Definitely an unusual destination to travel to for vacation, but as much as I am passionate about adventures, misadventures and emerging markets economies, well, Djibouti was a must for me.
Well known for being one of the few bases of Legione étrangère, when it was still a French colony, as well as for being the tiniest country with the biggest military bases on earth.
“You’re going to a quiet place” – this was the main rhetorical reaction from people, after realising what kind of destination that was.
In fact, Djibouti is probably one of the most quiet and safest country I’ve ever visited (after Japan).
My journey to this land starts just after Kenya on a quick flight from Mombasa with a layover in Addis Abeba, Ethiopia.
Visa procedure is quite easy to get as there is the option to have visa on arrival, which costs around 80 euro: I got quite lucky as immigration did not ask me many questions, while my Swedish friend who arrived just some hours before me has been asked many docs and questions, so the procedure took quite a lot of time.
It is important to say that Djibouti is not a touristic destination, therefore even immigration gets quite shocked when pure tourists show up, with no business invitation. However we both got the permit to enter the country… and the discover could finally begin!
The city itself (Djibouti city) is a bit expensive so we did not chose to stay at Sheraton or Kempinski Hotel (the main international hotels in town) and decided to try a residence apartment in the heart of the city: Lagoon Bleu Hotel. And I must say it was not bad at all.
People were kind and funny, as they recognised I was Italian, they started to wave me saying “Ciao Mafia” every single time I was coming out of the residence – it can be shocking if you’re not used to, but that’s what we, Italians, are (unfortunately) also famous of!
The market was an adventure itself! Could not take many pictures as police men were coming all the time to tell us to stop taking photos as it was forbidden!
Well, nobody told us this before, nor it was written in some kind of signs. I asked why they were saying like this, but had no exact reply of it. Before even adventuring into the market, I went to the street on the first morning, while waiting for my friend, and started to look around. I am very into flags, and I love taking pics of them: suddenly I ran into a normal building with the Djibouti flag on it – took out my phone and shoot a pic.
“L’avessi mai fatto!” – we say in Italian when realising that something wrong has just happened.
In fact, I had 3 policemen just behind me who called me asking why I was taking a picture of the flag. Without thinking that it was a problem , I sincerely explained my love for flags and pictures. Two of them started saying that I should not have done it, as it was strictly forbidden. Clearly I said: “Okay, sorry . I will delete the picture in front of you.” But they kept going on and on, until the third police guy told me “That’s okay, you can go”.
Shocked enough, I went back to the residence, explained this fact to my friend and thinking that the problem was just because of the “flag” we kept taking pics here and there and finally find out that it was forbidden also to take pics in the whole downtown area.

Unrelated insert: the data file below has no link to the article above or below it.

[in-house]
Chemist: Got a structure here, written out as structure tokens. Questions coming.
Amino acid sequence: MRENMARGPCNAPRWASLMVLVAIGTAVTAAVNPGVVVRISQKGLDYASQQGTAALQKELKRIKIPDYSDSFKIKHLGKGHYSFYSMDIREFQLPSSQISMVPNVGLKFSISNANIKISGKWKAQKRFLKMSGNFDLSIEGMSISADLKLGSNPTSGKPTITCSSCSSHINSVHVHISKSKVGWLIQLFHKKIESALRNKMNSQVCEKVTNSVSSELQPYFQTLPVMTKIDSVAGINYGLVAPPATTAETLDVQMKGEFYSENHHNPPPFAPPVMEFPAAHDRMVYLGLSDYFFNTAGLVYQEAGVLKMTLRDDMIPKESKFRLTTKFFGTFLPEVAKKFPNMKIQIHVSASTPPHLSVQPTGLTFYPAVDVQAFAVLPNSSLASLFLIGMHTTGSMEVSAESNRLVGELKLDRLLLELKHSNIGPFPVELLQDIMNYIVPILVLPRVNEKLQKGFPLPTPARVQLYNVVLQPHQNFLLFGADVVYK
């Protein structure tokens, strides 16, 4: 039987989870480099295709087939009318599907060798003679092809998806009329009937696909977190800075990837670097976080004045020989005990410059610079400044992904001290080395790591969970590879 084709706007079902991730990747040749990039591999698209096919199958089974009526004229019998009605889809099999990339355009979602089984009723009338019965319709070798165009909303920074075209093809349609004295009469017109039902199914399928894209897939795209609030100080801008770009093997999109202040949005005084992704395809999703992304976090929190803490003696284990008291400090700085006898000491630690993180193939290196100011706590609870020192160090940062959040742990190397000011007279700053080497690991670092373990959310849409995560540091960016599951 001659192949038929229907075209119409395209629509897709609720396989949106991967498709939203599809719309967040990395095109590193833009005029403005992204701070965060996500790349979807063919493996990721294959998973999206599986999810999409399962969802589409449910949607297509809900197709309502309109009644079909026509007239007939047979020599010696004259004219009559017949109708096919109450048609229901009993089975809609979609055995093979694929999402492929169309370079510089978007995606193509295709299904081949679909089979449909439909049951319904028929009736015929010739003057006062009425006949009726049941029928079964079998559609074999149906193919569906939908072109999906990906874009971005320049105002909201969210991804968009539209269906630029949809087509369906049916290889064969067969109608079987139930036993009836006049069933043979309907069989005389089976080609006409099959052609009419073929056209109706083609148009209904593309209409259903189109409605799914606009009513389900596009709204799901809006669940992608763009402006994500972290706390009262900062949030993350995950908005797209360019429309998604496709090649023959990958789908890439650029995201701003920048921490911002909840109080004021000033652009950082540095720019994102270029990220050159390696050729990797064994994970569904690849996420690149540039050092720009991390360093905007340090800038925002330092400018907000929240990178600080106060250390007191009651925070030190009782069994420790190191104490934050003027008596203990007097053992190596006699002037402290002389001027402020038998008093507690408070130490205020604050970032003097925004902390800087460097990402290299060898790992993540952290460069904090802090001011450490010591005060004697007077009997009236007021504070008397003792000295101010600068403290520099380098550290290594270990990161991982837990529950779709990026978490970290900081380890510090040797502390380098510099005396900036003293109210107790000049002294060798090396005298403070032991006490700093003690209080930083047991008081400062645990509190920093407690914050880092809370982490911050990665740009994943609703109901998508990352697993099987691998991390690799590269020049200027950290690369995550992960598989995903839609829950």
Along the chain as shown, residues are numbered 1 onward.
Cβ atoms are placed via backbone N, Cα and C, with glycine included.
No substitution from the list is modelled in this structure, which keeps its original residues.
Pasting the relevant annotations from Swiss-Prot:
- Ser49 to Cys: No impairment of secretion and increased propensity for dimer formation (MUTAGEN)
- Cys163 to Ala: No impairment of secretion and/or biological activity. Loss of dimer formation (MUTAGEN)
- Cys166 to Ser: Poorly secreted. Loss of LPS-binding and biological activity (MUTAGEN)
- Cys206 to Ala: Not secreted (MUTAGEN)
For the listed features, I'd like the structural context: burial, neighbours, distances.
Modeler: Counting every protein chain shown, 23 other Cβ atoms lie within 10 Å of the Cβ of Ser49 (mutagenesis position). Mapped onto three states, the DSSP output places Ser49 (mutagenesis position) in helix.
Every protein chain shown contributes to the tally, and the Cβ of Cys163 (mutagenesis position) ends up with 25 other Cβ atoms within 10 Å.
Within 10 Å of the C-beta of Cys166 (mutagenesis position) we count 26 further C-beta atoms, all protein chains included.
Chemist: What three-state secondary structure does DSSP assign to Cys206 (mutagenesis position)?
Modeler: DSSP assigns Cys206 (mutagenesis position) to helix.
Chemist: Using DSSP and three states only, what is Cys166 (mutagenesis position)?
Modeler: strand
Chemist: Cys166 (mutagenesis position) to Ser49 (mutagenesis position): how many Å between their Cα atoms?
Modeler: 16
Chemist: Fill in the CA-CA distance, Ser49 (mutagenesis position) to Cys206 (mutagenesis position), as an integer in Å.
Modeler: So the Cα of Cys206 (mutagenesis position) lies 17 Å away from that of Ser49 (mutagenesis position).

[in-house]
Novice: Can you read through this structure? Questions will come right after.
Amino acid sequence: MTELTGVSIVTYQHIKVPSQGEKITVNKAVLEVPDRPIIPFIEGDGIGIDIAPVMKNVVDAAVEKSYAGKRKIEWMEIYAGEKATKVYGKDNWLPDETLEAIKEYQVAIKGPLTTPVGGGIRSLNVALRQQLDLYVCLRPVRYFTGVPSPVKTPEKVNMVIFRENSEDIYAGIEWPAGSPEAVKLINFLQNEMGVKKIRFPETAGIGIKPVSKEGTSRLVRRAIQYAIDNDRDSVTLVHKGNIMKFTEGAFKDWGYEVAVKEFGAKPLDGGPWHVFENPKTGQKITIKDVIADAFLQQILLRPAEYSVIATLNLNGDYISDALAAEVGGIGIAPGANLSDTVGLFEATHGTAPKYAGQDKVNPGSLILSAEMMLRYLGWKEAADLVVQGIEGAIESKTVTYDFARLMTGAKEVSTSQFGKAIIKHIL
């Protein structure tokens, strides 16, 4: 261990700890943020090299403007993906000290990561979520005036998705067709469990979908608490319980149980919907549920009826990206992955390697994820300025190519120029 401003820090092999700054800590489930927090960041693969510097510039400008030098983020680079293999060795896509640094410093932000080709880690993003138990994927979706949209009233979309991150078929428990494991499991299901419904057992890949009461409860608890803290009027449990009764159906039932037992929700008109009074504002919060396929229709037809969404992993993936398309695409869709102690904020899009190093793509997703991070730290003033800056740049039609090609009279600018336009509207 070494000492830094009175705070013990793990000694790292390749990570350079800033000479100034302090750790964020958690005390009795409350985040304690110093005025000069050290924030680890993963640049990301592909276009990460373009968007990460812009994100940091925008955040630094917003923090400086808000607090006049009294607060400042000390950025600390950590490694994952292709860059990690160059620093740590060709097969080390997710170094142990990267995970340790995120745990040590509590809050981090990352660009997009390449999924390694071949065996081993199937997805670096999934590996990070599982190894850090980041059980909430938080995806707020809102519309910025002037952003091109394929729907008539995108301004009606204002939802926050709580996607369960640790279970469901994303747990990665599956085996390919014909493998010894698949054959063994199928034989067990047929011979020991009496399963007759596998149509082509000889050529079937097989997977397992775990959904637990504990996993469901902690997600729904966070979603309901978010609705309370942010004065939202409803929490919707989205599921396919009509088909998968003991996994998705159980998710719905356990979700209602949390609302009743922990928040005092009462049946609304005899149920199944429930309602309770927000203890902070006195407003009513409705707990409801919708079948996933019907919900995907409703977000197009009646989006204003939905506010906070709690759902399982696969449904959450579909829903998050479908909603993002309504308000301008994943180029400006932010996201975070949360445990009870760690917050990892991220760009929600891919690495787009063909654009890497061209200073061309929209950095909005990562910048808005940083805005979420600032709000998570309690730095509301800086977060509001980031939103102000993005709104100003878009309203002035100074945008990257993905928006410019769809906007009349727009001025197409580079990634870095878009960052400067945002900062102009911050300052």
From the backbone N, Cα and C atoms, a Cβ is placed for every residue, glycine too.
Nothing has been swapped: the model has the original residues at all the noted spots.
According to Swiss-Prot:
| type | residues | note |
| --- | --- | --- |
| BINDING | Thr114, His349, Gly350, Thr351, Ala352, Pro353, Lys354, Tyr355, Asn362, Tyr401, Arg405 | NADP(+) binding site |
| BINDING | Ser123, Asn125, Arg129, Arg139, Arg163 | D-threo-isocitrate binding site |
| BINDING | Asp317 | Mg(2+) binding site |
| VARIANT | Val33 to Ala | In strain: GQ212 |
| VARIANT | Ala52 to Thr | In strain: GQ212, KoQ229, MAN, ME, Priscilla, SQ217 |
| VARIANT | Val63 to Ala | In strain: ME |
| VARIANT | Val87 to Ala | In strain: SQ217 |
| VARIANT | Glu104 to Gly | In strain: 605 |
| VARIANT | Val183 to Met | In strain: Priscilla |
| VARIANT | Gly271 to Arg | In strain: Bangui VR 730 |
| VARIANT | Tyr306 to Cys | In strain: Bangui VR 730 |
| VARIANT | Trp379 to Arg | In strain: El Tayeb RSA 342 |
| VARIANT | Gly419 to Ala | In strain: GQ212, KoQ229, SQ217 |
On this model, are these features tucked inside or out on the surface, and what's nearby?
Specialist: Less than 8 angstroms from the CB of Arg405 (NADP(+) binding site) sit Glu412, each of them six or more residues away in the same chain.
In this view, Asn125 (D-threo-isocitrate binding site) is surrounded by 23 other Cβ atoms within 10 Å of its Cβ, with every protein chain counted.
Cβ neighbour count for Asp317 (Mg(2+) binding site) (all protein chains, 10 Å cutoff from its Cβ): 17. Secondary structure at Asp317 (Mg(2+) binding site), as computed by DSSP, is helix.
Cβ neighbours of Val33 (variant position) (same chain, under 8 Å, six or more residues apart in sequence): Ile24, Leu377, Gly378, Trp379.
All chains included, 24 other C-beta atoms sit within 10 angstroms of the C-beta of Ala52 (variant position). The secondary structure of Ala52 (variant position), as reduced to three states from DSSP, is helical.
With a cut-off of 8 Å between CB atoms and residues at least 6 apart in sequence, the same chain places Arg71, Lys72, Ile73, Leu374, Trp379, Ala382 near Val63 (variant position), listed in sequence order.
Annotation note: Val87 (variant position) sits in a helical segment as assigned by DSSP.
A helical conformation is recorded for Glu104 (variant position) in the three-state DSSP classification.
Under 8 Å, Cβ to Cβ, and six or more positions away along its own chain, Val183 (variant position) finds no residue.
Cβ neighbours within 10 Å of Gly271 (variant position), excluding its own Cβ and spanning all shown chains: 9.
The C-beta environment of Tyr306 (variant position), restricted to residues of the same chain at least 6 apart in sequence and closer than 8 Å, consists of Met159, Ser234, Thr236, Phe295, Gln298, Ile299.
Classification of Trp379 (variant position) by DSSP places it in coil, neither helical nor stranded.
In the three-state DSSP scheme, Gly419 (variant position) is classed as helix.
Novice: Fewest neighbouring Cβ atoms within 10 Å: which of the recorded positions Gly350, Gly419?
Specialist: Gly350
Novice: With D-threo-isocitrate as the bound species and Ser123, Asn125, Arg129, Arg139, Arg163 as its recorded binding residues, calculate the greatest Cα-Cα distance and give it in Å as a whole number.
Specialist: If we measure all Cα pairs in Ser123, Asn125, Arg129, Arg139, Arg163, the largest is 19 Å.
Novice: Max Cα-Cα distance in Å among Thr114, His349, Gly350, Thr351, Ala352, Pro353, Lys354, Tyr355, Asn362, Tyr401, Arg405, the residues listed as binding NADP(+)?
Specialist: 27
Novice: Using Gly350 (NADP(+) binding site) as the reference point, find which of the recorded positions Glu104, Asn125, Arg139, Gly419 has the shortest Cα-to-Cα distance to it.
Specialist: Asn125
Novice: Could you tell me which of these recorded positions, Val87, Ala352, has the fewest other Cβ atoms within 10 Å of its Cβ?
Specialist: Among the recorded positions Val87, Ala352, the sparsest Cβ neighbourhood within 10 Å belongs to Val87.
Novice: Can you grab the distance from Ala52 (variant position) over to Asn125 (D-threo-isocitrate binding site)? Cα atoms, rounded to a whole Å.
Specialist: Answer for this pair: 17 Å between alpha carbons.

I probably know the reason now, but I won’t share it. 🙂
Thanks to some kind Italian people we met there we could have tips on where to go and how to reach some places. Our second day was at my so desired Lac Assal, a national treasure:
“Lake Assal is a saline lake which lies 155 m (509 ft) below sea level in the Afar Triangle, making it the lowest point on land in Africa and the third-lowest point on Earth after the Sea of Galilee and the Dead Sea.” – Wikipedia
Reaching the lake during August is almost like suiciding yourself, as the temperature can reach up to 60° degrees. It was super super hot! However the journey was really worth it – I still consider Lac Assal as one of the most beautiful places I’ve visited on earth (Mars is on my bucket list 😛 ).
We did not have time to visit Lake Abbe, on the Ethiopian border.. but that’s also an excuse to go back to Djibouti next time!
The next day we had a lovely taste of how a real relaxing day feels like: Moucha Island was indeed a paradise for eremites. Nobody was there, except one fisherman living there, who was kind enough to offer us food (fresh fish and some tuna noodles).
It felt like being so far away from thoughts, problems, real life.. we were stunned by the great beauty of this natural simplicity!
Reaching the island is not difficult itself, but you need to have contacts or know who to call to be able to rent the boat taking you there. There were no tourists (of course) or no other people willing to go there that day, so we ended up renting the small boat just for the two of us and that’s why the price went up a bit (100 USD each, more or less).
But again, worth the price!!
Sunset, we could not miss it! Kempinski Hotel is probably the best venue to admire the sunset both from the rooftop or from the pool area. No noise, just you and the golden hour! Perfect.
French (or Arabic) is a must to visit Djbouti, taking into consideration that it was a French colony, everybody are most likely to speak French, though their mother language is Arabic.
My journey ends at the airport where customs stopped me even before entering it, asking for my passport. They checked page after page, questioning me:
” Are you part of the UN?”
“Do you work at WFP?”
“You’re Italian. Are you a militar?”
“Federica, who are you?
I’m a simple tourist!
And, with a shocking face, they let me go. XD
Djibouti, it was soooo much fun! I hope that more people can come visiting you, but please, stay the same untouched, so natural DJIBOUTI. Don’t go touristic!